It is possible to take an accurate measure of the shapes or graphs that are finite or are of a definite shape. But what if the graph or shape of an object is not made up of straight lines? It is in that case that the integrals are needed. It is integrals that give an accurate measure of the area over or under a curve, or the line that makes up that curve. Integrals take into measure even the smallest value possible to attain and give out a value that is closest to the accurate value.

**Definite Integral**

A definite integral is an integral that gives a fixed value for a curve within the two given limits. And the value that we get out of this integral consists of every infinitesimal number or quantity that lies in between the two given limits.

The definite integral for a function f(x) is represented as follows:

∫baf(x)dx

where ‘b’ stands for the lower limit for the function f(x),

‘a’ is the upper limit for the function,

‘f(x)’ is the function of which integral is to be found,

‘dx’ is the reference of the function to the x-axis.

For the principle regarding this integral, the area under a curve is divided into infinitely many small rectangles, to get a precise outcome. The more the number of rectangles the area under the curve is divided into, the more accurate the outcome will be. This happens to be the basic theory that lies behind the application of definite integrals.

Hence, it can be stated that a definite integral is a nearly precise entity.

In the above-drawn function;

y = f(x)

It is not possible to calculate the area under the curve using general area methods. Hence, in such cases, definite integrals are needed.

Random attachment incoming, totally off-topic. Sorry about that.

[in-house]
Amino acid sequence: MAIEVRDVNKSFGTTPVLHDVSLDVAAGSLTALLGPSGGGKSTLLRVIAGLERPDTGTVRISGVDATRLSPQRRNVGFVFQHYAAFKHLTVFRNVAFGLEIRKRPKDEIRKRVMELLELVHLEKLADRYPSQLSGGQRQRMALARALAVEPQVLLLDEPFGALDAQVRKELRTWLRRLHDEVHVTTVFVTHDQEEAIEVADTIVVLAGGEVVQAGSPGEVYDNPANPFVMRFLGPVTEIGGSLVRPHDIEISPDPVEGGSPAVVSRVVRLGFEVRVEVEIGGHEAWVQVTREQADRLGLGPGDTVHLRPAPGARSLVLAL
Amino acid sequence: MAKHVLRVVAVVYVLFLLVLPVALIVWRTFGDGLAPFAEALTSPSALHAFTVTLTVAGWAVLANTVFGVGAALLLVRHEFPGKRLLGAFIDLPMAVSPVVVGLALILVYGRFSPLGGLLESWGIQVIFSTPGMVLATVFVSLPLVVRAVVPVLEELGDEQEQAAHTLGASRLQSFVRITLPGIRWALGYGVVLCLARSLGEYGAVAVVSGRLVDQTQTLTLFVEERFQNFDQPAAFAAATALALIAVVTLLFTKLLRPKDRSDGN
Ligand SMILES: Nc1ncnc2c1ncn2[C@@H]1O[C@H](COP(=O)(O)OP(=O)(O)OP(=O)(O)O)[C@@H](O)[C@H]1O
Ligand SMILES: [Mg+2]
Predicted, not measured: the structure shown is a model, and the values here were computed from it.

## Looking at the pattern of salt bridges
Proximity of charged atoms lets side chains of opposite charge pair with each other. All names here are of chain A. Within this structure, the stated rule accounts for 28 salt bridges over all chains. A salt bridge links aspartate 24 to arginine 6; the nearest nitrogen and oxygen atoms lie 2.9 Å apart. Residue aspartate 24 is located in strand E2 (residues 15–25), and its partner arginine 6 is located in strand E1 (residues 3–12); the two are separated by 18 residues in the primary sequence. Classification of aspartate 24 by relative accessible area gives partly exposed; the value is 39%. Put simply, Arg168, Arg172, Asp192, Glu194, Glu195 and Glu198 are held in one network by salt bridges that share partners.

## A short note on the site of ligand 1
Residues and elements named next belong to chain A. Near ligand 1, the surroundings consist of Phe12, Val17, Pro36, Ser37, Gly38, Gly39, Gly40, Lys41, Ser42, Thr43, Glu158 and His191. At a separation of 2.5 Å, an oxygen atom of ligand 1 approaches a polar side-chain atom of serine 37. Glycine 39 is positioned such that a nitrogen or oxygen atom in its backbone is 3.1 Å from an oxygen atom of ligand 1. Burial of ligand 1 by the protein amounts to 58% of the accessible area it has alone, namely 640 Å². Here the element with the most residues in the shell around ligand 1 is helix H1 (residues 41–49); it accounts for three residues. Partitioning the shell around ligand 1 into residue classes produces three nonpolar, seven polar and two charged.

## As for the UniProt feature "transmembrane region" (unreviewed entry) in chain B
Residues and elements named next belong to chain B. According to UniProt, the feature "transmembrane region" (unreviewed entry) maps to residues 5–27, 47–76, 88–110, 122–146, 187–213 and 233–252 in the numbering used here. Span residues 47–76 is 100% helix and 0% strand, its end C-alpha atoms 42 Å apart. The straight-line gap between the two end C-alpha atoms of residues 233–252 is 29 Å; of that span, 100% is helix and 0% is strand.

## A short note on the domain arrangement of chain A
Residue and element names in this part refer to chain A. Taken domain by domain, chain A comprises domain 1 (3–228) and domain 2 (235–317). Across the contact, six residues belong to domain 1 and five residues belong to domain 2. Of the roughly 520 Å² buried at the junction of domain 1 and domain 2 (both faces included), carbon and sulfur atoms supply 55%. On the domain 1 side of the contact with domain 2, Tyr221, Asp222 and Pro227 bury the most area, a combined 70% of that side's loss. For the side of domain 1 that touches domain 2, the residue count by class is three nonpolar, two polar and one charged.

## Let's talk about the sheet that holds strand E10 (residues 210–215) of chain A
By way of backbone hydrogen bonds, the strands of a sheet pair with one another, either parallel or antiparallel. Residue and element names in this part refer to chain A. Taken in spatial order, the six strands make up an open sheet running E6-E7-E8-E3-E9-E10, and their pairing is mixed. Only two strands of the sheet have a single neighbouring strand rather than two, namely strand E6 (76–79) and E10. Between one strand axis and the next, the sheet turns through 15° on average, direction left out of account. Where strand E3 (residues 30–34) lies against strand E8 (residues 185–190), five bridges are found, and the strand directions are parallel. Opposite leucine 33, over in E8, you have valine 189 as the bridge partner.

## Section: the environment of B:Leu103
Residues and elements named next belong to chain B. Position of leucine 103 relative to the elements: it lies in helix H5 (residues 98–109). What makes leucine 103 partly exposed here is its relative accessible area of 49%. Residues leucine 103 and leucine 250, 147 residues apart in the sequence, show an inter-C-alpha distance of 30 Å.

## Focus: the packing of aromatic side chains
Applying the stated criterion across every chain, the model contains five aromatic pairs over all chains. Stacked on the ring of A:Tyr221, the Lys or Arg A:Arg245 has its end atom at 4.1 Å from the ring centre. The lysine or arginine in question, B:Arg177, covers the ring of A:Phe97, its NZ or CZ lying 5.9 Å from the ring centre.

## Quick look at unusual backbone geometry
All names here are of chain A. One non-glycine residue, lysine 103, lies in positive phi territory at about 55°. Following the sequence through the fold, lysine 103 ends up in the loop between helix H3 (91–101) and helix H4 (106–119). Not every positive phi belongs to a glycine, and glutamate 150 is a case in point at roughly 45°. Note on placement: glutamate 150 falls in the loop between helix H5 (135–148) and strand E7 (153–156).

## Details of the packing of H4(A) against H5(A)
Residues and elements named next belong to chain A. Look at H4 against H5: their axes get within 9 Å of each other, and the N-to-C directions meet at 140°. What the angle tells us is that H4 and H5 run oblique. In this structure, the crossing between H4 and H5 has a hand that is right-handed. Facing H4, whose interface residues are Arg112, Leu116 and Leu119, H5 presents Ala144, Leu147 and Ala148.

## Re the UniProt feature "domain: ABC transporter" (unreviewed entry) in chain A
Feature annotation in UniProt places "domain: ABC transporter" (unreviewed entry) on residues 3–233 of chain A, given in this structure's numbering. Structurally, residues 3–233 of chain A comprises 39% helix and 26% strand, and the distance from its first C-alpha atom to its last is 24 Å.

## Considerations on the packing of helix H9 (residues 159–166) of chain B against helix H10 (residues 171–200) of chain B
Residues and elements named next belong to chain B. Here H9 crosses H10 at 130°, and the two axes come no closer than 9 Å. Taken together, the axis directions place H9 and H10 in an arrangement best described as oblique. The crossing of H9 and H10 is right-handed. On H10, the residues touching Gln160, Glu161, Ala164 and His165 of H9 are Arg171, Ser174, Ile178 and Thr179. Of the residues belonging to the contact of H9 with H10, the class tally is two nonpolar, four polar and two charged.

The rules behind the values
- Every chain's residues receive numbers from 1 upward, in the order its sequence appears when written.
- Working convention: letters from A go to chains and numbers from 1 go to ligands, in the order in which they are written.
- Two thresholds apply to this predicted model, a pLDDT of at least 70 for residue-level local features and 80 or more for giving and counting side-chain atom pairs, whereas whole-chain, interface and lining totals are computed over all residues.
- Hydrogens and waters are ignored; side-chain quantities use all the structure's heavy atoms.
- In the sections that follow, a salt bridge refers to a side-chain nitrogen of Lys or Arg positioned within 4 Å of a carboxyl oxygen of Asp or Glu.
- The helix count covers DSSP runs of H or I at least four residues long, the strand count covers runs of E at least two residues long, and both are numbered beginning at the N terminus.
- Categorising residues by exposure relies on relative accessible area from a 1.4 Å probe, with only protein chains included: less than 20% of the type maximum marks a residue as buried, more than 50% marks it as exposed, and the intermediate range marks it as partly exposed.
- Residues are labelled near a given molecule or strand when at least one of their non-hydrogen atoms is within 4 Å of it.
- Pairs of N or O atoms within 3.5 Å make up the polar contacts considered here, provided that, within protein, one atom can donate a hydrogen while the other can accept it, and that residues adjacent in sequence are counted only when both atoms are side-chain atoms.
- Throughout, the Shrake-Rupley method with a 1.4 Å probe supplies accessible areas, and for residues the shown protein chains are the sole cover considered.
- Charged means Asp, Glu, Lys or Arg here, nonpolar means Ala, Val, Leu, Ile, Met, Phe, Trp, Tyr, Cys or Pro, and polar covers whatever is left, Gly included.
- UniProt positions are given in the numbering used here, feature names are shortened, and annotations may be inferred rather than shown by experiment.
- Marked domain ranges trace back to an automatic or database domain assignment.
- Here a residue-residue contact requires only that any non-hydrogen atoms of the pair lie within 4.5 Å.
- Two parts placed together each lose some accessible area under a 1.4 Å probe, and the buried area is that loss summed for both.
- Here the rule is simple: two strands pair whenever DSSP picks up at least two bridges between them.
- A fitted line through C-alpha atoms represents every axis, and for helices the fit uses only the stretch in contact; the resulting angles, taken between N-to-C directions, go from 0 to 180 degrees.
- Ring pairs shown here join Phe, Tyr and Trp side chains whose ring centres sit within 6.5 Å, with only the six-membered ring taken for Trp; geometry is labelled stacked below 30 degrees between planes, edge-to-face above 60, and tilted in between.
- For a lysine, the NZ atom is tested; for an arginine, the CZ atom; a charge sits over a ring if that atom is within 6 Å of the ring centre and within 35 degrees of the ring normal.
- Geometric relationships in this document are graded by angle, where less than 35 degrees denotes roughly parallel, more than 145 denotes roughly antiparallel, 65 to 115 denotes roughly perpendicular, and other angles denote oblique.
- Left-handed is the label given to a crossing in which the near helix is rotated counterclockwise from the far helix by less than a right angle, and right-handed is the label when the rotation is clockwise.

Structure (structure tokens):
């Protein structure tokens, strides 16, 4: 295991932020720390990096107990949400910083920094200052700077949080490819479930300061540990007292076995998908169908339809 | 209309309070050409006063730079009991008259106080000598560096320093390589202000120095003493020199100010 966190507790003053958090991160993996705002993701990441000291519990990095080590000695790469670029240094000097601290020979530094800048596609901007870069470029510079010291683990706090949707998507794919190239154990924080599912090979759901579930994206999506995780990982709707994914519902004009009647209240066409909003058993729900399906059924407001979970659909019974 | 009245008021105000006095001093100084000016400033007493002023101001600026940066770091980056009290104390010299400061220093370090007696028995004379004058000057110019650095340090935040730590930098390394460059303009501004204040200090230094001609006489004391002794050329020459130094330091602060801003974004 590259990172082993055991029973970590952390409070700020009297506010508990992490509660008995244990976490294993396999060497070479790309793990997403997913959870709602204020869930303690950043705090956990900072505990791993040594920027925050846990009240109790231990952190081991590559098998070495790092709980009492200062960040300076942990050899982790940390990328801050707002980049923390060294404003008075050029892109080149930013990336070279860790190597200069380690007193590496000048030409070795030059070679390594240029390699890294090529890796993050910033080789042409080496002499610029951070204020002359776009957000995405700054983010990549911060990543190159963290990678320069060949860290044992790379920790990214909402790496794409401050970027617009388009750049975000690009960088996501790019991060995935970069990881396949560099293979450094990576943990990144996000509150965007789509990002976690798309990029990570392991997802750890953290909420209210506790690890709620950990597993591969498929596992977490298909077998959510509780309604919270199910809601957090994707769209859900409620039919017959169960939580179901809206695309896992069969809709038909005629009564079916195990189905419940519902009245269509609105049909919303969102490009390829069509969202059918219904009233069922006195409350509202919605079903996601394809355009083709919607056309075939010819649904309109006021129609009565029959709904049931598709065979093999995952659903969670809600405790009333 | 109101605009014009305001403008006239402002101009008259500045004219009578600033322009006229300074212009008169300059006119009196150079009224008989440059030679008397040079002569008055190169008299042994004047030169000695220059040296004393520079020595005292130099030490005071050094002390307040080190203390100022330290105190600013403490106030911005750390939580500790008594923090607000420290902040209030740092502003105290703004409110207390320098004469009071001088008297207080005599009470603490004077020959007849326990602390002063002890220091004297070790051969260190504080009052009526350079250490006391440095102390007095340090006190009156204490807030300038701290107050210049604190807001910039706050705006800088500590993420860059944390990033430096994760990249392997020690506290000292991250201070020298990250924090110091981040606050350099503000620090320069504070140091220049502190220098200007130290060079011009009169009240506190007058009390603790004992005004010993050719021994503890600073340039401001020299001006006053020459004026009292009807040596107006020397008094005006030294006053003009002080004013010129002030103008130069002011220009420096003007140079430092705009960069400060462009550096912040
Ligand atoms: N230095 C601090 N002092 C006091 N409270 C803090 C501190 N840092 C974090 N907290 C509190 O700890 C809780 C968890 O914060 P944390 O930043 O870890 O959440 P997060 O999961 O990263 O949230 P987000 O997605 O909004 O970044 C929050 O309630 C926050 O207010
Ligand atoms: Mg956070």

**Definite Integral Calculator**

There are mainly two methods that are used to solve definite integrals. Those two methods happen to be as follows:

- Definite integral as a limit of the sum
- Finding definite integral using the fundamental theorem of calculus

### Definite integral as a limit of the sum

Let the function f(x) be divided into infinitely many small intervals. To find the definite integral of the function f(x) over limits a to b, all these intervals need to be taken into account.

Taking the number of intervals between ‘a’ and ‘b’ to be ‘n’, and the width of each interval to be ‘h’.

In this case,

h→0

n→∞

The distance of each interval from the y-axis can be expressed in the terms of the following A.P:

x0 = a, x1 = a+h, x2 = a+2h,… xr = a+rh, xn = a+nh = b

Here, ‘n’ can be given as:

n = (b – a)/h

Therefore, the sum is to be taken of every interval that comes under the curve, to find out the definite integral for a function. And that definite integral is given as follows:

∫abf(x)dx = limn→∞∑r=1nhf(a+rh)

where ‘h’ = (b-a)/n

**Fundamental Theorem of Calculus**

In this method of solving the definite integral for a function, the values of the upper limit and lower limit for the integral are to be substituted in the antiderivative of the function f(x), also known as infinite integral, and then, subtracted in the respective order.

∫abf(x)dx = F(b) – F(a)

where f(x) = F'(x)

**Definite Integral Properties**

∫ab f(x) dx = – ∫ba f(x) dx

∫aa f(x) dx = 0

∫ac f(x) dx = ∫ab f(x) dx + ∫bc f(x) dx

∫ab f(x) dx = ∫ab f(a + b – x) dx

∫0a f(x) dx = f(a – x) dx

∫ab c f(x) dx = c∫ab f(x) dx

∫ab f(x) + g(x) dx = ∫ab f(x) dx + ∫ab g(x) dx

∫ab f(x) – g(x) dx = ∫ab f(x) dx – ∫ab g(x) dx

∫-aa f(x) dx = 0

If f(x) is an odd function.

f(-x) = -f(x)

∫-aa f(x) dx = 2∫0a f(x) dx

If f(x) is an even function.

f(-x) = f(x)

∫02a f(x) dx = 2 ∫0a f(x) dx

If f(2a – x) = f(x).

∫02a f(x) dx = 0

If f(2a – x) = – f(x)

**Conclusion**

The definite integral of a function gives us the accurate outcome for every value that might lie in between two limits to an infinitesimal decimal. Because of its high accuracy and precision, it is used to calculate areas, lengths and volumes of curves.

Using the fundamental theorem of calculus is the easiest and most effective way to calculate the definite integral of a function. It is easy to calculate and relies on simpler terms.